Alan Murphy specialises in software quality control and is passionate about it. He seemed like a good person to talk with about the issue of quality. Above everything else, he is passionate about unit testing.

Unit testing is distinct from the traditional software testing regime. But what does testing software matter to marketers or other people in the business?

In software, test suites are usually drawn up at the beginning of a project or a significant sprint. What makes this analogous to other parts of the business is that testers are expected to anticipate everything that might be relevant weeks or months down the road and plan their tests accordingly.

Because, in reality, nobody can do this it leads to a very curious outcome. Many projects fail their acceptance tests and are put through into production anyway!

Our belief in the power to plan is reflected in a whole range of projects that executives commission or buy-in. Even the act of digital transformation is a big plan.

Inn our experience people are bad planners and planning is neither always relevant nor always possible.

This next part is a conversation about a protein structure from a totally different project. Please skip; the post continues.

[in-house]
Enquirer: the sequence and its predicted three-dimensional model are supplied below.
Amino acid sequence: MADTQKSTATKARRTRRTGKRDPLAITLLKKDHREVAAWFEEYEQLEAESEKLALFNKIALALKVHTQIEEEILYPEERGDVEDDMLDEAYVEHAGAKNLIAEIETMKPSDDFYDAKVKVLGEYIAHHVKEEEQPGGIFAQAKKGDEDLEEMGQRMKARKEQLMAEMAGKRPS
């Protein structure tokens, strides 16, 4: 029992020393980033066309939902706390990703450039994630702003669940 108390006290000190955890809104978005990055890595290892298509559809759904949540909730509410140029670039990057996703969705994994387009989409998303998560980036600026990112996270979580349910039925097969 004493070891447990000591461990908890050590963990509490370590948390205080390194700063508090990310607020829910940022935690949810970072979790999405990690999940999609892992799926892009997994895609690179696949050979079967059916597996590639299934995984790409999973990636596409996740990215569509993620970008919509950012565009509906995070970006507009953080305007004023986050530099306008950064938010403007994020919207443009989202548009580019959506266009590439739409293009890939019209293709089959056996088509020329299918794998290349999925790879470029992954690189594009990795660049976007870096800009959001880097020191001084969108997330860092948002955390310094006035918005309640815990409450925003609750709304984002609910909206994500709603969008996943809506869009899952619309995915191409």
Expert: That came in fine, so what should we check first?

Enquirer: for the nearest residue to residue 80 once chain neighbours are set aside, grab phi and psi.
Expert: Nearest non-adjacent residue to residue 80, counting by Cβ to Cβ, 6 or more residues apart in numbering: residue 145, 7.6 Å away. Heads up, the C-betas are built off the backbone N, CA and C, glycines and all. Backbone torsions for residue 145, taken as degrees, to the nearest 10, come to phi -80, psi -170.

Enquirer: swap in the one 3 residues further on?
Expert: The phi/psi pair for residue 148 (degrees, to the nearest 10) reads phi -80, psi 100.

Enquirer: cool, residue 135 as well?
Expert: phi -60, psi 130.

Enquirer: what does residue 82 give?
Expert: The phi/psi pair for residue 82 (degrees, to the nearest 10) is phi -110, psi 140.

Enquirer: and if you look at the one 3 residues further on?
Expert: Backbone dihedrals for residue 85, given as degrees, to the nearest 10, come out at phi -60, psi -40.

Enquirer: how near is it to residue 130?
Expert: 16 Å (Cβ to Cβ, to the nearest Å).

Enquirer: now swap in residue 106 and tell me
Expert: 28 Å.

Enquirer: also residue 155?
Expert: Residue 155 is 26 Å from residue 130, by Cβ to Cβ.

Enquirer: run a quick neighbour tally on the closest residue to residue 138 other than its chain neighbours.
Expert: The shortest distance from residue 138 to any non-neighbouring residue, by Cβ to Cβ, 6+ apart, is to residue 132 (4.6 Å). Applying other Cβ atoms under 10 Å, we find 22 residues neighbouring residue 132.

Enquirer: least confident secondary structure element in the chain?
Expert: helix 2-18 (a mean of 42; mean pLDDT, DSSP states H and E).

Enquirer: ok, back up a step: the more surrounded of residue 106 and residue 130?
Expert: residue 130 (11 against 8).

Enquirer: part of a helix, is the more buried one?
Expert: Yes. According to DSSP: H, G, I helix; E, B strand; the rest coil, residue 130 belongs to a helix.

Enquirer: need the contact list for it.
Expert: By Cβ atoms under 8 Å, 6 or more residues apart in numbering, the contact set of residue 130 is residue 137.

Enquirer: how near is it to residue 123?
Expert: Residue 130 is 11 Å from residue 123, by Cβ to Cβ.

As we move towards smaller units of work across the business, then testing in a granular way becomes more relevant. As we move, towards a more experimental enterprise, testing itself becomes a cultural necessity.

It might seem anachronistic to think of value stemming from applying tests to very small units of work, which is what happens with unit testing. You might argue that there is some overkill in testing so much. But new disciplines in software, like DevOps, mean that work has to be reorganised to facilitate speed. Companies grind to a halt when bad work is let through to the public and then has to be reworked, so testing becomes more important and more relevant even to speed.

As with all the other elements of Flow we believe the principles apply to all areas of a company's work. Very often we work alongside colleagues who claim a special degree of expertise and won't be challenged (or put another way, won't be tested). They can be pretty vocal about what they know to be true.

That kind of attitude could come from, say, copywriters who are responsible for generating website content. Their traditional role was to be the creative. Companies relied on their intuitive feel for words and audiences. Now, however, we can test most content to see what type of audience it generates. So while Alan talks about software testing, the lessons are applicable to other digital skill areas.

Managers fail to realise the benefits of unit testing

The big issue for the unit testing advocate is that management generally sees unit testing as a waste of time and an activity that holds up coding (the old throughput mentality).

Managers and other stakeholders perceive unit testing as adding cost but that idea, and the elimination of unit testing, is a completely false economy because you will be breaking something in production later and then you will have to fix it in production.